The Protestant Reformation began at a time when the Roman Catholic Church was increasing its political power and wealth, yet decreasing its spiritual force. It was a time marked by the sale of indulgences, corruption, the doctrine of apostolic succession, and other unbiblical practices. With Bible translations scrutinized and banned by the Church, common people were unable to understand the Latin Bible from which the church read and used to teach people false doctrines.
The most notable and first complete Middle English Bible translation, Wycliffe’s Bible (1383), was banned by the Oxford Synod. Erasmus’ Greek translation followed, with the earliest printed edition of the Greek New Testament appearing in 1516. It paraphrased many Latin Vulgate manuscripts, and, despite being available to few, it provided an accurate text for other scholars and translators to follow.
Today marks 500 years since Martin Luther is said to have personally nailed his Ninety-Five Theses on the Power and Efficacy of Indulgences to the door of the church in Wittenberg, Germany. Ironically, Luther never intended to question the Church or the Pope, but rather to debate academically the issue of the sale of indulgences. Yet his critical theses, printed on a leaflet, quickly spread throughout Germany and sparked the Protestant Reformation.
Reformers shared a common belief that preached Catholicism was different from the New Testament Christianity, and Luther became the first Bible translator to use the Greek and Hebrew originals as the source text instead of the Latin translation. Furthermore, he produced a localized translation of the New Testament into German, paraphrasing large sections with the intention not only to process the words themselves but to convey the true meaning in a linguistic style understandable by the common people.
A German translation from the original languages, in the absence of comprehensive dictionaries and grammar books, was a colossal work for a single translator. To accomplish this feat, Luther formed a translation committee, believing that, “Translators must never work by themselves. When one is alone, the best and most suitable words do not always occur to him.” Luther remained the principal translator and required that before any phrase could be put on paper, it first had to be spoken aloud and pass his approval.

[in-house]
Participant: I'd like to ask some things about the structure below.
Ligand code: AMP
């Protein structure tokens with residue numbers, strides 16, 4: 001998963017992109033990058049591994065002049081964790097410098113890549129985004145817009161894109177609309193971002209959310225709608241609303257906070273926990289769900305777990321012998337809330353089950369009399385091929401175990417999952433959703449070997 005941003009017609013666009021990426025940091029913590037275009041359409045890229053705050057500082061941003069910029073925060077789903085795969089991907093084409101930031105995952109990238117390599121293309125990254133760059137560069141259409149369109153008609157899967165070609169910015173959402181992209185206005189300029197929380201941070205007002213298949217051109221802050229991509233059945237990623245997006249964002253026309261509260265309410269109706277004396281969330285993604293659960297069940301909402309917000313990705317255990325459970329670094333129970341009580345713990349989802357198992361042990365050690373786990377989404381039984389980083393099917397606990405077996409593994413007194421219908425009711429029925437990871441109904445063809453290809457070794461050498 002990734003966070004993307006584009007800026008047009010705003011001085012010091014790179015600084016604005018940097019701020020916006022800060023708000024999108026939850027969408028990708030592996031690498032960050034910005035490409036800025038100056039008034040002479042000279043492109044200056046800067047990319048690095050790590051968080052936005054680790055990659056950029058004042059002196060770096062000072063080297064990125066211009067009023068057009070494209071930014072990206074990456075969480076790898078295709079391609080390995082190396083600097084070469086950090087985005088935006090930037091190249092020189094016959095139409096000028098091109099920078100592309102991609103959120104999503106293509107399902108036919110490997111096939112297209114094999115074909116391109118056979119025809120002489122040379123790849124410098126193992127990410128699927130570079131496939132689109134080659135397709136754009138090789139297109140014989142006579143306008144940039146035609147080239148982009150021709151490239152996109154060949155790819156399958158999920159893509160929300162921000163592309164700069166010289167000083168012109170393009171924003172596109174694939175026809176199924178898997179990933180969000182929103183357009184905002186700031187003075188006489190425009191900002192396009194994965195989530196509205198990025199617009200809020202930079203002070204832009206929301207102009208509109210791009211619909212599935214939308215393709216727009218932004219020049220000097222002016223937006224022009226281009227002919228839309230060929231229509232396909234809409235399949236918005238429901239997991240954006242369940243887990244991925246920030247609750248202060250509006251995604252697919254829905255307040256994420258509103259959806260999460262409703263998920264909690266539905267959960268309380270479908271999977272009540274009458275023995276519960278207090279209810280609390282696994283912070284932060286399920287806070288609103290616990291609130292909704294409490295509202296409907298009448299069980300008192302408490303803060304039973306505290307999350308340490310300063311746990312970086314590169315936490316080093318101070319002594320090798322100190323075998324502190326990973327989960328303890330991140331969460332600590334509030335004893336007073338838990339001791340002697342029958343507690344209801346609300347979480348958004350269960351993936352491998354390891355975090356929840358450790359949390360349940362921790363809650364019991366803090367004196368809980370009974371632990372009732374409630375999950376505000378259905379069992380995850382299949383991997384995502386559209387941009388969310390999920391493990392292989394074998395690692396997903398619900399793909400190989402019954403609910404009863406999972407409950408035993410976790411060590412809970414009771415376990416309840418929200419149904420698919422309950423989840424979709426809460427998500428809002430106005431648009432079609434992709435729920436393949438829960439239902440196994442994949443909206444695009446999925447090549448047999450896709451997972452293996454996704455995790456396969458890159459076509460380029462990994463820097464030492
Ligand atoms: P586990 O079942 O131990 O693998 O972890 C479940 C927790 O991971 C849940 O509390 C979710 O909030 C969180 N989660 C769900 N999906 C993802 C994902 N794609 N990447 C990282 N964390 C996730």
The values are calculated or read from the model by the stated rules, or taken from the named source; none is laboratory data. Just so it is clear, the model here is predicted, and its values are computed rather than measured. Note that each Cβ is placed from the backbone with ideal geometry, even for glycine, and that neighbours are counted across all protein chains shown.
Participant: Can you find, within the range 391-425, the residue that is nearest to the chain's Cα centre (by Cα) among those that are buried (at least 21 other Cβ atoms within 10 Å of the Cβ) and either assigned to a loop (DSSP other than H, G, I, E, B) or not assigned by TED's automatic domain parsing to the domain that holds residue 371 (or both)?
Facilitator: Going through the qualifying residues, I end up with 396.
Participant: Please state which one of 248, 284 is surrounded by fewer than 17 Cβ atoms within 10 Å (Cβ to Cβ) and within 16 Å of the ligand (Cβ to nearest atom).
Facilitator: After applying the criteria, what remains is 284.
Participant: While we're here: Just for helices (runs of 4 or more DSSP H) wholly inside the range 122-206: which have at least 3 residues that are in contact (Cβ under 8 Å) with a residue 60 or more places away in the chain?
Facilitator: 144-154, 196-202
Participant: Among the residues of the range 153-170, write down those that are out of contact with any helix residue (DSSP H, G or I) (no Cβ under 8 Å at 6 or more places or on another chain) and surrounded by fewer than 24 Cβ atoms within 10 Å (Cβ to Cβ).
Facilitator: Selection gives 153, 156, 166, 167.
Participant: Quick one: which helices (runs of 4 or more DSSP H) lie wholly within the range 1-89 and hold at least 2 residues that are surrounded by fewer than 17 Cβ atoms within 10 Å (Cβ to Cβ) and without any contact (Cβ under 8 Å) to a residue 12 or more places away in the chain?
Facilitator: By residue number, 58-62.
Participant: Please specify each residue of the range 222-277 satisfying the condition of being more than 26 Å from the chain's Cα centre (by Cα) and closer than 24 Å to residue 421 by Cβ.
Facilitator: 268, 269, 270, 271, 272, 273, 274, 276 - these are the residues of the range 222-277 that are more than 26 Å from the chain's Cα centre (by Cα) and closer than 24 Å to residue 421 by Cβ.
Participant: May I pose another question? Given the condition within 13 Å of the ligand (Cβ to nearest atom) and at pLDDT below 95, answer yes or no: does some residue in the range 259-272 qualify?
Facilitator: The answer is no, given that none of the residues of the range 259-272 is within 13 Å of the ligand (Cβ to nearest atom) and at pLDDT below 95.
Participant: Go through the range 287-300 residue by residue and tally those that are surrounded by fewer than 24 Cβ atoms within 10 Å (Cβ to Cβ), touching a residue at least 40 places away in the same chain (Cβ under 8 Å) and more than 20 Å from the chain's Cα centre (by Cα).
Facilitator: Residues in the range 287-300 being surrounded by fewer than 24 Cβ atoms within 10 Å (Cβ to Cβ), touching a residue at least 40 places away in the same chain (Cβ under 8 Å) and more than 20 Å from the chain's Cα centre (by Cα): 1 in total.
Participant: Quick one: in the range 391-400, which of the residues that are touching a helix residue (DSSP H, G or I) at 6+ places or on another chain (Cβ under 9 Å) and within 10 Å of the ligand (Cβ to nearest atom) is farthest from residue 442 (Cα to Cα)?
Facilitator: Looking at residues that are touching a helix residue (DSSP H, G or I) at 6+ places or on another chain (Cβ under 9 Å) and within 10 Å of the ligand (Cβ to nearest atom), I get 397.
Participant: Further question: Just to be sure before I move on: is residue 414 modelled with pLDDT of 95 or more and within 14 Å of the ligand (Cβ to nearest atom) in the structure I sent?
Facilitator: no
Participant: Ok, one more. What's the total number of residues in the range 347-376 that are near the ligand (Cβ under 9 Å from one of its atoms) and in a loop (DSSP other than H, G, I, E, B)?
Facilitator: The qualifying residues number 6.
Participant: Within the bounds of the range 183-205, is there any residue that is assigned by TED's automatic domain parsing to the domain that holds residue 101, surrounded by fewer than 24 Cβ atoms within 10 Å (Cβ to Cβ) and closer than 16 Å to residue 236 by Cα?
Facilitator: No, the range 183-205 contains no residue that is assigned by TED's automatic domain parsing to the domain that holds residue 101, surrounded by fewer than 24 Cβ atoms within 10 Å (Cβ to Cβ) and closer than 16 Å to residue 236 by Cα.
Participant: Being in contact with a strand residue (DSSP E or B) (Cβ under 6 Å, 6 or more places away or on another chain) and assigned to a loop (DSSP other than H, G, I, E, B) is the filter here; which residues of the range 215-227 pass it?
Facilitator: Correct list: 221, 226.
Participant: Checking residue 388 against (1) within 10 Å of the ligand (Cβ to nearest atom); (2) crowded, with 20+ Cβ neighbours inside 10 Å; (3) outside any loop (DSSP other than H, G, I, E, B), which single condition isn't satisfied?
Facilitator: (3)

Luther intended for every German-speaking Christian to be able to understand the Word of God, but Germany was divided by dozens of regional dialects. So Luther combined the Saxon dialect, which was used at the Saxon court and in diplomatic and government correspondence, with that of the common people. “To translate properly is to render the spirit of a foreign language into our own idiom. I try to speak as men do in the market place and I listen to the speech of the mother at home, the children in the street…”
Indeed, Luther’s Bible spoke the language of its intended audience. It avoided foreign terms by replacing those with local equivalents. For example, he localized the currencies mentioned in the Bible, turning the Greek drachma and Roman denarius into a German Groschen. Luther used popular alliterative phrases thereby enriching the language of theology with the vocabulary of the German poets and Volk.
Martin Luther’s localized and idiomatic Bible penetrated the daily life of Germans and facilitated the formation of the modern German language. Luther became the personification of the German national spirit, and his localized translation fueled the Reformation.
As a leader in professional language localisation services, today, the team at EVS Translations commemorates Martin Luther’s skills as a translator. If it were not for his linguistic talents and translation innovations, the Protestant Reformation might have taken an entirely different course.